At Bob Jones College, as at all the schools that joined the fundamentalist movement in the 1920s, restricting faculty speech was a primary purpose, not an unfortunate necessity. Unlike mainstream colleges, including mainline Protestant ones, fundamentalist colleges would willfully impose strict lists of mandatory beliefs for faculty members. They would impose long list of behavioral rules for students. And they insisted always that their goal was to shape students’ hearts in a certain religious direction.

Lest readers think the tradition was only in the 1920s, or only at fundamentalist Bob Jones University, consider this quotation from relatively liberal Wheaton College in 1963. President V. Raymond Edman told recalcitrant students about his vision for Wheaton. “This college,” Edman told students,

will be a place Christian parents can send their children to with the confidence that their faith will be established and not shaken.

In other words, the entire point of the network of dissenting evangelical colleges was to police faculty belief and student thought. Evangelical colleges that restrict speech these days don’t face a crisis. They fulfill a promise.

Leave a comment


  1. That’s right. Whereas public and secular schools break their promises when they restrict free speech.

    • As you know, you and I disagree about this one. I agree that free-speech issues really are a “crisis” at mainstream universities, since those schools were founded on a promise of unfettered research freed from the strictures of any religious orthodoxy. But I don’t agree that all restrictions are bad. Any threatening speech has always been illegal. The hard part these days, IMHO, is figuring out what constitutes threatening speech and arguing about such things without merely flinging insults and threats at one another.

      • Agellius

         /  April 13, 2018

        I don’t think that all restrictions are bad either. I favor the evangelical approach, generally speaking. My quarrel with the effort to restrict speech at modern American public and secular schools is the hypocrisy. For decades we were told that all manner of indecency needed to be allowed for the sake of the First Amendment. The right acquiesced in the name of liberty. But it turns out that this only applies to the kinds of indecency that the left doesn’t consider indecent. Now that the question is whether to allow speech that offends the left, they’ve suddenly turned into puritanical prudes.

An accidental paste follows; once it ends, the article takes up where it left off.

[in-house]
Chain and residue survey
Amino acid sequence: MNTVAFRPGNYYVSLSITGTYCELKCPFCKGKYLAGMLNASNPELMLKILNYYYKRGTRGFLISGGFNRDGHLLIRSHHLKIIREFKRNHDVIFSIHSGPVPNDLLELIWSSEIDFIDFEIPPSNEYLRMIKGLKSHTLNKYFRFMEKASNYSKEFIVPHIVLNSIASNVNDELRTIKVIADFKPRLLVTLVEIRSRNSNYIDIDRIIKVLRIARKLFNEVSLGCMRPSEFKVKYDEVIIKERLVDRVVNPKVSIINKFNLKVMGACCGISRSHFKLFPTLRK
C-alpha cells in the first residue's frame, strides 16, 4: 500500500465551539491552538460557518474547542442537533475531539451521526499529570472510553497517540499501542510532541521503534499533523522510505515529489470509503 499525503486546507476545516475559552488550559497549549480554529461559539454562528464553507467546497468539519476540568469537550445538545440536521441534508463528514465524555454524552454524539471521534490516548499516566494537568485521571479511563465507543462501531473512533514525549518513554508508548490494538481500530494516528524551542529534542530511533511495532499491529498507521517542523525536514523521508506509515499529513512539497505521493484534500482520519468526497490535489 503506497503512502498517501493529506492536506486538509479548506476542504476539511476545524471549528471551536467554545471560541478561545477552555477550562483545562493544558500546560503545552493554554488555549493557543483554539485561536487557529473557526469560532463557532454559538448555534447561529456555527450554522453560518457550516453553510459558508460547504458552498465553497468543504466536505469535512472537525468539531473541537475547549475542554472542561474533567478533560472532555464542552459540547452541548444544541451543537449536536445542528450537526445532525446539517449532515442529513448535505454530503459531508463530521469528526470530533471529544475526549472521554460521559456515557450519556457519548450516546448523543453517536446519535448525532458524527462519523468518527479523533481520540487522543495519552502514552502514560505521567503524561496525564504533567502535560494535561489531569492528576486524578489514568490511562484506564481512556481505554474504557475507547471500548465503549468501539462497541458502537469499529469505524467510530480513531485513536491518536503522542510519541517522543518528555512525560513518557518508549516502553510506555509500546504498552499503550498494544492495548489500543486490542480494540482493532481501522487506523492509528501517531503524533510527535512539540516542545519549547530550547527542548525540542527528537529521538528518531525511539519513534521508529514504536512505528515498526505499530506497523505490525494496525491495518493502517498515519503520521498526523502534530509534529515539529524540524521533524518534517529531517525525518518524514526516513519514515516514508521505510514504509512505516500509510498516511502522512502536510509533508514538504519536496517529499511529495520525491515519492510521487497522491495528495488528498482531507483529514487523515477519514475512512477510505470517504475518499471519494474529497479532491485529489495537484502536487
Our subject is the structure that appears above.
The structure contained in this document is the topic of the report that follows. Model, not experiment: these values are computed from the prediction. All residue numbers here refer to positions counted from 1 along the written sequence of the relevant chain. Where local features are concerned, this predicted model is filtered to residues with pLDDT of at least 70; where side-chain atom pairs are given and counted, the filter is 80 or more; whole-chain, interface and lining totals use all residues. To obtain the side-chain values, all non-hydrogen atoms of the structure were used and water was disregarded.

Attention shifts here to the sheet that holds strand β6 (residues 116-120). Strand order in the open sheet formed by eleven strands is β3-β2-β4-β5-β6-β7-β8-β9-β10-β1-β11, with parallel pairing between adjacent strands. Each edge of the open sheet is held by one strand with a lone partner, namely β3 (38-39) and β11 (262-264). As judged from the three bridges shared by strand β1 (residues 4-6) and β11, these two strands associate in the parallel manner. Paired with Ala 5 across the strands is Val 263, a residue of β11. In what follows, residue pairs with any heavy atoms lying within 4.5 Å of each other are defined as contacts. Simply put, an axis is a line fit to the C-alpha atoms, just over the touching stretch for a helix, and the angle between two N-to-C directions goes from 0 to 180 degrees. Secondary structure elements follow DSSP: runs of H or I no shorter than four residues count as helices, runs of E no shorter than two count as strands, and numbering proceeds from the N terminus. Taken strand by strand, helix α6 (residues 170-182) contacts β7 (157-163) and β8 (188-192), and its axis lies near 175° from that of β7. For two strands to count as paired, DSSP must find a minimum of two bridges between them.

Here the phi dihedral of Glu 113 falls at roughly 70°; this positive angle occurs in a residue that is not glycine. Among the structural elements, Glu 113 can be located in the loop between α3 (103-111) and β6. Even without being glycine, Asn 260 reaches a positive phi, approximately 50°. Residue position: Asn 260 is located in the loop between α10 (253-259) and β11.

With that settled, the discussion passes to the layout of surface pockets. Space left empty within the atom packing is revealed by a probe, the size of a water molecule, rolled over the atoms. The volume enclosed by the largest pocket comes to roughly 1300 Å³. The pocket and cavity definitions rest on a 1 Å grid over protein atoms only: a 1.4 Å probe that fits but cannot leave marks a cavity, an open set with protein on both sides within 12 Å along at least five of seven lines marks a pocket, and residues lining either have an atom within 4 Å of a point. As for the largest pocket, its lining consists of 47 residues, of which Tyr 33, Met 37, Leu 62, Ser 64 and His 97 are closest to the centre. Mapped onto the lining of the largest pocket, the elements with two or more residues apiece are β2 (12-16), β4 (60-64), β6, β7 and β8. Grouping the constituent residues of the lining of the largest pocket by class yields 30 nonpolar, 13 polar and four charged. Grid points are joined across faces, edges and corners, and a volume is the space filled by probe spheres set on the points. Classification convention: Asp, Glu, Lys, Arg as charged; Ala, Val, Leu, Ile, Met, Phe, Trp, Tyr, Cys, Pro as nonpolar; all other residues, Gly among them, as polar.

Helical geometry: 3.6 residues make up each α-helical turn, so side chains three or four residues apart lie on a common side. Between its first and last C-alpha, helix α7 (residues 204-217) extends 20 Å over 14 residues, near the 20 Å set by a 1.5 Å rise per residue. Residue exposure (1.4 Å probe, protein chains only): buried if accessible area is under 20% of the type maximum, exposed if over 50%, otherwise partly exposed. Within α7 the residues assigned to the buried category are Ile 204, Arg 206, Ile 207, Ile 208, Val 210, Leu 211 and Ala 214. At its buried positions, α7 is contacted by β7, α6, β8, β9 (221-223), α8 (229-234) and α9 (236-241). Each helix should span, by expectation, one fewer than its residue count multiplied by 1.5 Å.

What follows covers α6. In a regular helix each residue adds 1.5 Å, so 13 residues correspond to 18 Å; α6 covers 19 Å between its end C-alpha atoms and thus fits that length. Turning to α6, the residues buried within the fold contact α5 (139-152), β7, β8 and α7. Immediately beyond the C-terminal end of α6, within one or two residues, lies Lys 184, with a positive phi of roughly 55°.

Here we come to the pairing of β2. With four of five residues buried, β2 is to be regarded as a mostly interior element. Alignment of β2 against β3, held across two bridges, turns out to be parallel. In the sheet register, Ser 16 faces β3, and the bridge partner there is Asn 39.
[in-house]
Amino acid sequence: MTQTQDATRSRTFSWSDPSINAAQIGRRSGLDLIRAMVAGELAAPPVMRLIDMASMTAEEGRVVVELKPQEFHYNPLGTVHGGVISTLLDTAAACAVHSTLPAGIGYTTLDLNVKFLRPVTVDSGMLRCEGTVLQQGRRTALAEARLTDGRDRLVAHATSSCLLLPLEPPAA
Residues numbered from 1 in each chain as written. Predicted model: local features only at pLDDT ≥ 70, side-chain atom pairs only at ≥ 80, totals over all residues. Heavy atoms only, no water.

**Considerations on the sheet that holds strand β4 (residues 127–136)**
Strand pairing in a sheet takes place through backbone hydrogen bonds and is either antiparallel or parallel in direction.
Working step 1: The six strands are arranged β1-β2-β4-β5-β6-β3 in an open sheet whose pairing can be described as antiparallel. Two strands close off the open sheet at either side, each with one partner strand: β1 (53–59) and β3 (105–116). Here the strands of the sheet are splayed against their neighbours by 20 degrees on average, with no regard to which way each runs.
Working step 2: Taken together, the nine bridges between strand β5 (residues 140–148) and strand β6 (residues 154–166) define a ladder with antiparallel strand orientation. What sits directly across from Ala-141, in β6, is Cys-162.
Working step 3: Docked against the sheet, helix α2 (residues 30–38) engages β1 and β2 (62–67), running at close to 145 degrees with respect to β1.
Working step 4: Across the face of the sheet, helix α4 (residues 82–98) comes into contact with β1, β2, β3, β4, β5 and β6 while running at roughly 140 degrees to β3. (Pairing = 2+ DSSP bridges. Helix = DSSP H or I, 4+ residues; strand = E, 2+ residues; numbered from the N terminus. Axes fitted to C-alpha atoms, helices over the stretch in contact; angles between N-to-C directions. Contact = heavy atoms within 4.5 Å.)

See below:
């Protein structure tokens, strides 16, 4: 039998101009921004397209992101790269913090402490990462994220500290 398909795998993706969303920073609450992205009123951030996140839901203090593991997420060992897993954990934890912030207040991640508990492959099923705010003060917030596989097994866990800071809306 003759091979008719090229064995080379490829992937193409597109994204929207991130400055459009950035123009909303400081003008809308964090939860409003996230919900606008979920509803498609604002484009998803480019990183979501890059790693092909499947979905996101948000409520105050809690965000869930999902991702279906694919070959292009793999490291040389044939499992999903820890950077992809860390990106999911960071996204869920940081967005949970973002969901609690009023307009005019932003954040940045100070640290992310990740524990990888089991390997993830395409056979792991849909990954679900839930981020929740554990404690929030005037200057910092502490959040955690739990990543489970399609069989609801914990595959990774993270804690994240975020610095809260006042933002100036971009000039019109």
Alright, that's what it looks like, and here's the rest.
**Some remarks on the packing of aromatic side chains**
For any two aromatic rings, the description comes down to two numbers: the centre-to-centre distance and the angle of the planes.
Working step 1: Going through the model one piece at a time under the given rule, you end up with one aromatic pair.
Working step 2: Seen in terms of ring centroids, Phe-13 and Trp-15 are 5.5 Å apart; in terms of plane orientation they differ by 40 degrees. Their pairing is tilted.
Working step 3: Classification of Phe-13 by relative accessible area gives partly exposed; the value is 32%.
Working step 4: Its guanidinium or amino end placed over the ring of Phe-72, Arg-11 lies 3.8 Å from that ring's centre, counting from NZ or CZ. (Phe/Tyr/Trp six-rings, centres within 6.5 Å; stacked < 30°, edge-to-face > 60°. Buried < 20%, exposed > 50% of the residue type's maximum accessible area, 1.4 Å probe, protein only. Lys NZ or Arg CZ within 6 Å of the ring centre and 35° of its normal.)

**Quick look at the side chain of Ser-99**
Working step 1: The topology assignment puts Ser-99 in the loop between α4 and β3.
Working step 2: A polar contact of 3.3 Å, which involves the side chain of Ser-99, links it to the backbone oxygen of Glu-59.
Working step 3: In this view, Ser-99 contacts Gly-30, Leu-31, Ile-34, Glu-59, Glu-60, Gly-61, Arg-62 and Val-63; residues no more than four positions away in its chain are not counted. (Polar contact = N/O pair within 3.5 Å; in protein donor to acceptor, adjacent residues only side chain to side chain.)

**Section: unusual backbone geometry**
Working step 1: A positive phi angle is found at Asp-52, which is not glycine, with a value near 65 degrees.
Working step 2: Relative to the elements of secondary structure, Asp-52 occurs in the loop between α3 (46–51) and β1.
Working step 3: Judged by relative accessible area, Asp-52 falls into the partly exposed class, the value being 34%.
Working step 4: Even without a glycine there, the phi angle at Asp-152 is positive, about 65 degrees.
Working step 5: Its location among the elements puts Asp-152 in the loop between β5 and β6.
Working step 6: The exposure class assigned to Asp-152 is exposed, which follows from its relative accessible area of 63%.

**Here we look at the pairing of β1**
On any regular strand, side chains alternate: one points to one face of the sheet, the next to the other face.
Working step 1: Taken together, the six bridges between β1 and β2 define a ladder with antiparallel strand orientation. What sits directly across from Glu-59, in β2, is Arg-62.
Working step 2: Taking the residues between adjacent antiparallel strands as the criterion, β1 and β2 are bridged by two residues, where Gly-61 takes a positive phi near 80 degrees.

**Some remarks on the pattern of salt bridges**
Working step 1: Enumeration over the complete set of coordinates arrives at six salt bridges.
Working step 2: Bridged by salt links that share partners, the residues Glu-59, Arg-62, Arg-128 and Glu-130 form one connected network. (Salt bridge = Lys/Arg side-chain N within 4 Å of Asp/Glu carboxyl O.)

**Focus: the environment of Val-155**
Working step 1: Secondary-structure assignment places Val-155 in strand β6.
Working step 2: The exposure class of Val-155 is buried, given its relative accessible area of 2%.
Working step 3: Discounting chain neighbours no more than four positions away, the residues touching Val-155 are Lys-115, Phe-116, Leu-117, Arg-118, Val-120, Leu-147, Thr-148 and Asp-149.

I think that as a legal matter, what constitutes threatening speech has been settled for a long time.

  2. Kevin Smythe

     /  September 1, 2018

    Anyone that rejects the Bible as God’s written word to man, and is the basis of faith and practice, automatically don’t know what they are talking about. That would include the hate filled Sarah Jones, who has hated God and His imperfect followers for years. Jones is a true mental case, as she made public her various mental illnesses over the years to get sympathy. She need treatment of the heart, which only Jesus can give her.

  3. Enrique Smith

     /  March 7, 2019

    I’m all for this but how does that reconcile with their acceptance of federal research dollars?